On Wednesday the U.S. Energy Information Administration (EIA) will report the status of the country’s commercial inventories of crude oil and refined petroleum products. Oil traders are behaving Tuesday as if the party that started with rising prices last week is back in full swing.
West Texas Intermediate (WTI) crude oil traded as high as $46.83 earlier this morning, up nearly 1.8% from last night’s closing price of $46.02. About half that gain had been given back by mid-morning.
Tuesday morning’s rising price was likely the result of two factors: the decline of the U.S. dollar and the early forecast for changes to the U.S. petroleum inventories. When the dollar weakens, the price of oil typically moves higher to pick up the slack in value for the commodity that is priced in dollars. The dollar was down about 0.6% earlier this morning, which many observers attributed to the failure of the U.S. Senate to pass its replacement for the Affordable Care Act. The inference among investors is that the Republicans, who control both houses of Congress and the presidency, will also be unable to push through a tax reform bill.
Regarding the U.S. petroleum inventories, analysts polled by S&P Global Platts have forecast that crude oil inventories fell by 3 million barrels last week, gasoline inventories dropped by 700,000 barrels, and distillate (diesel) rose by 500,000 barrels. Any inventory draw-down in crude oil or gasoline is greeted enthusiastically by investors, even though it is clear that the global crude oil market will not be rebalanced until the end of this year, at best, and maybe not until this time next year.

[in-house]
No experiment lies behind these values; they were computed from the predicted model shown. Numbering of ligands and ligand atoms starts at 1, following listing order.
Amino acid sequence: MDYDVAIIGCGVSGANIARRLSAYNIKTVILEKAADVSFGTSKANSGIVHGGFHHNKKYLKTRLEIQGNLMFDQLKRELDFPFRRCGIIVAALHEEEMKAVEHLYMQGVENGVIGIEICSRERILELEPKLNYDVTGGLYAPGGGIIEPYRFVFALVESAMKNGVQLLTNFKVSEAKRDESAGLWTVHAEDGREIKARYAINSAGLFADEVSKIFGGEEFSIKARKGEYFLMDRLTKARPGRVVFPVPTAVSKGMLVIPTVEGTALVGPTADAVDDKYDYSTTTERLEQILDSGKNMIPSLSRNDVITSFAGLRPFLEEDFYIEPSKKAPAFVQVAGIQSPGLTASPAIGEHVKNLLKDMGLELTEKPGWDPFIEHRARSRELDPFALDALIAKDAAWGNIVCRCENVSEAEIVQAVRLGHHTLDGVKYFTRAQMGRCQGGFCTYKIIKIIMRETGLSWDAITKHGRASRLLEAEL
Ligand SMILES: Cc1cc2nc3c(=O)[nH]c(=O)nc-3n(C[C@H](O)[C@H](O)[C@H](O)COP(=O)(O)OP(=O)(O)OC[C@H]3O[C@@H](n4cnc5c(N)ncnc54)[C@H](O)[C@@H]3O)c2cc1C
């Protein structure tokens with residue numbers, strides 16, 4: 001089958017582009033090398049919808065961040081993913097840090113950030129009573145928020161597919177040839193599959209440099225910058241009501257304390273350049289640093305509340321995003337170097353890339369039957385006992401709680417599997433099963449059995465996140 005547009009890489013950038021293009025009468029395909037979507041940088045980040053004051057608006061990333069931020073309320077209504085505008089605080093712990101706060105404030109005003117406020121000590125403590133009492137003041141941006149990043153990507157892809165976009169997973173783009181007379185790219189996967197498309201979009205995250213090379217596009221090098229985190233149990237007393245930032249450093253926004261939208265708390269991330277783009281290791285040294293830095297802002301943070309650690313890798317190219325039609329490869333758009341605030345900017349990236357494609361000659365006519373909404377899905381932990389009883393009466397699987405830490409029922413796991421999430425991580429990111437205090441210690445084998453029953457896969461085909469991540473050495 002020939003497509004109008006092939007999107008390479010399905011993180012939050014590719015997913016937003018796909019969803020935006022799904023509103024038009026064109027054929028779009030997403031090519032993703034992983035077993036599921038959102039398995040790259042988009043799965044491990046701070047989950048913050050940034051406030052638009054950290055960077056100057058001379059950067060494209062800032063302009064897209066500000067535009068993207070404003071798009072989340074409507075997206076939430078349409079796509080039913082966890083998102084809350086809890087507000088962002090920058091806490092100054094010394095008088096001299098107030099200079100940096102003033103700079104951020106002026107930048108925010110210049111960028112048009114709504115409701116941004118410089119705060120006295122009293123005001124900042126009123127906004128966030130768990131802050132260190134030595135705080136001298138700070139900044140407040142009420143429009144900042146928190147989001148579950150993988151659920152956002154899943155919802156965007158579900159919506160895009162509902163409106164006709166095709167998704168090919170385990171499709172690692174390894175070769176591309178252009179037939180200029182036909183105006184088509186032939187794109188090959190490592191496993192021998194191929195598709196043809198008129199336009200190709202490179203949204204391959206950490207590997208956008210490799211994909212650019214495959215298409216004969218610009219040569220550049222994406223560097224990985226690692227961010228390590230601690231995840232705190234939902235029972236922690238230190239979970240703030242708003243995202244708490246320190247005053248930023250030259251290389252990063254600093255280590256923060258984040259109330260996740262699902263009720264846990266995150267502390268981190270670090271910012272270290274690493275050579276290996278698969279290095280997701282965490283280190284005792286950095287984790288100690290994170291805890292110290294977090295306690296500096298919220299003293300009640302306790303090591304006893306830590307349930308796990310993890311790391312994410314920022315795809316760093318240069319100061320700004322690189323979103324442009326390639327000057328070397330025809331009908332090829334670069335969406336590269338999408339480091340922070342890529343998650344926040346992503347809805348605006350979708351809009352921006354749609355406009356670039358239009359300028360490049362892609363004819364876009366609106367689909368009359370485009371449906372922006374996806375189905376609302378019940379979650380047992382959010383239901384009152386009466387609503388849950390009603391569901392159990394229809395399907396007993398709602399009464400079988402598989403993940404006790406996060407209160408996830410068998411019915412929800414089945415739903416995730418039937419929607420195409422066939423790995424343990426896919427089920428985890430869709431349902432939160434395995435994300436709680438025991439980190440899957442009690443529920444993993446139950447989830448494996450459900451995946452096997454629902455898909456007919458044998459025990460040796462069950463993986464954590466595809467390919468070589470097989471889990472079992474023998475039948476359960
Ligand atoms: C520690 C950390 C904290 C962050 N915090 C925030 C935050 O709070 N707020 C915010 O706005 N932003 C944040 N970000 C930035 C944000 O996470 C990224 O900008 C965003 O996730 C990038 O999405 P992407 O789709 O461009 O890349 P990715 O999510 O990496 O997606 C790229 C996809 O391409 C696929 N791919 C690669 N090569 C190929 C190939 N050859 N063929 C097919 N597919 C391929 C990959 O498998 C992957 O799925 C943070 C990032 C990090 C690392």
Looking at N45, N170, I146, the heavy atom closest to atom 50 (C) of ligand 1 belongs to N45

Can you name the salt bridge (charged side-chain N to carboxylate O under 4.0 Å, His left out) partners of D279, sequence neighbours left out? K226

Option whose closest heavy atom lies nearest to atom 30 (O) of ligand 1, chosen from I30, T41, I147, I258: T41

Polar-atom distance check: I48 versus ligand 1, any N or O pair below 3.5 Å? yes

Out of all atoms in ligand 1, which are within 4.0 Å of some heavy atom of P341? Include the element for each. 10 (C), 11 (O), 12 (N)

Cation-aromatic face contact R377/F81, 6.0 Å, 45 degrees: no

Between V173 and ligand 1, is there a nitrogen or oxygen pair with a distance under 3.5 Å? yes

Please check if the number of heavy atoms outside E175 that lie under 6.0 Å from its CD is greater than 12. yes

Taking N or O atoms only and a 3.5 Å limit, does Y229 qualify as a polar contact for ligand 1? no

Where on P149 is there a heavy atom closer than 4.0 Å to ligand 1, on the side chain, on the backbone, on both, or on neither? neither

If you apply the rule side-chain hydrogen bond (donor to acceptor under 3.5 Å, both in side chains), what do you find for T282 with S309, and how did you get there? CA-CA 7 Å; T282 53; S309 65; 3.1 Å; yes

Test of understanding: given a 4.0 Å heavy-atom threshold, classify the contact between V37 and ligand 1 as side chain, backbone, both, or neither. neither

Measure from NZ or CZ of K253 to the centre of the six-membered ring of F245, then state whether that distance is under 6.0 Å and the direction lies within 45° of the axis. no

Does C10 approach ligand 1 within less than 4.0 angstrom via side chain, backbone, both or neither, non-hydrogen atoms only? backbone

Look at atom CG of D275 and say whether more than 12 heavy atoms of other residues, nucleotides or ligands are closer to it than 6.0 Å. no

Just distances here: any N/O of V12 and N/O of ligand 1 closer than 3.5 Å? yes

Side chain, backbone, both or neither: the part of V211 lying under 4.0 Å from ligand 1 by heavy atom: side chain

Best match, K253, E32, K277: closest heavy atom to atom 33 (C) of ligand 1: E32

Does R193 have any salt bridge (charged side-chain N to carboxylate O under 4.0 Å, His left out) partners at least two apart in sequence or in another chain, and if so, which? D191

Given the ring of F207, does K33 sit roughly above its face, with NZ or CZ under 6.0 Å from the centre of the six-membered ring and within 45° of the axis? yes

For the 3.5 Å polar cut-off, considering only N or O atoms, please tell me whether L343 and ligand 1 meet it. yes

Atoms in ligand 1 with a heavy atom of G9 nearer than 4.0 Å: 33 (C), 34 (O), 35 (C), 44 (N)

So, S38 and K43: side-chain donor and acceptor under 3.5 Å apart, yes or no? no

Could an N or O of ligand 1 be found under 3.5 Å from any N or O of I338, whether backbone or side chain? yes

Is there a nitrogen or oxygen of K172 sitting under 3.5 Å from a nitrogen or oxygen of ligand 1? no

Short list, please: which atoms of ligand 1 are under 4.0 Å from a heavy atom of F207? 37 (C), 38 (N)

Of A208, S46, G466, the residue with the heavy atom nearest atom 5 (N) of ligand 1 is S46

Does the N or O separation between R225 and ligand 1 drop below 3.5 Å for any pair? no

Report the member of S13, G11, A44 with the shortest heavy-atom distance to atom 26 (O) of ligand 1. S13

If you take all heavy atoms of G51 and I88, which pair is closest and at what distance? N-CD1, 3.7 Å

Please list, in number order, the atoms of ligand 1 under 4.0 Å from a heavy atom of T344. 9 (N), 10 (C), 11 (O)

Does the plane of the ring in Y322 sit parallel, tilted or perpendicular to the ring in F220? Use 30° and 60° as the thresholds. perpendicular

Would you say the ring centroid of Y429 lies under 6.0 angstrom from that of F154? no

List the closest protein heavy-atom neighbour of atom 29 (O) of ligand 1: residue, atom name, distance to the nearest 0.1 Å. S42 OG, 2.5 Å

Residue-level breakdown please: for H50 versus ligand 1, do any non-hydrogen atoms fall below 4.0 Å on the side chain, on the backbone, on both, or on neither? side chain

As we noted yesterday, the EIA is expecting oil production in seven major U.S. shale plays to rise by 113,000 barrels a day in the month of August following an estimated 124,000 barrel a day gain in July. More production, even during the peak U.S. driving season, does not support higher oil prices.
Some traders may be pinning their hopes for higher prices on a meeting later this month at which the OPEC management committee is going to discuss limiting production from Libya and Nigeria and perhaps increasing the level of cuts from other OPEC member nations. Chances that any one of these changes will be agreed upon are low; chances that all will be adopted are essentially nil.
And how about the futures market? With no sign of limiting production from U.S. shale fields and no realistic chance that OPEC is going to do anything to raise prices, the futures market has turned bearish after a run-up due to short covering in the week before the July 4 holiday. Reuters analyst John Kemp sums it up neatly: “Prices may therefore have to continue falling low enough for long enough to enforce a strategy correction from the shale drillers or OPEC.” Who will blink first this time?
By late Tuesday morning, WTI crude oil prices had added 0.9% to last night’s settlement price to trade at $46.45. The 52-week range on crude is $42.06 to $58.30.
Brent crude for September delivery traded up about 1% at $48.90 in a 52-week range of $44.60 to $60.18.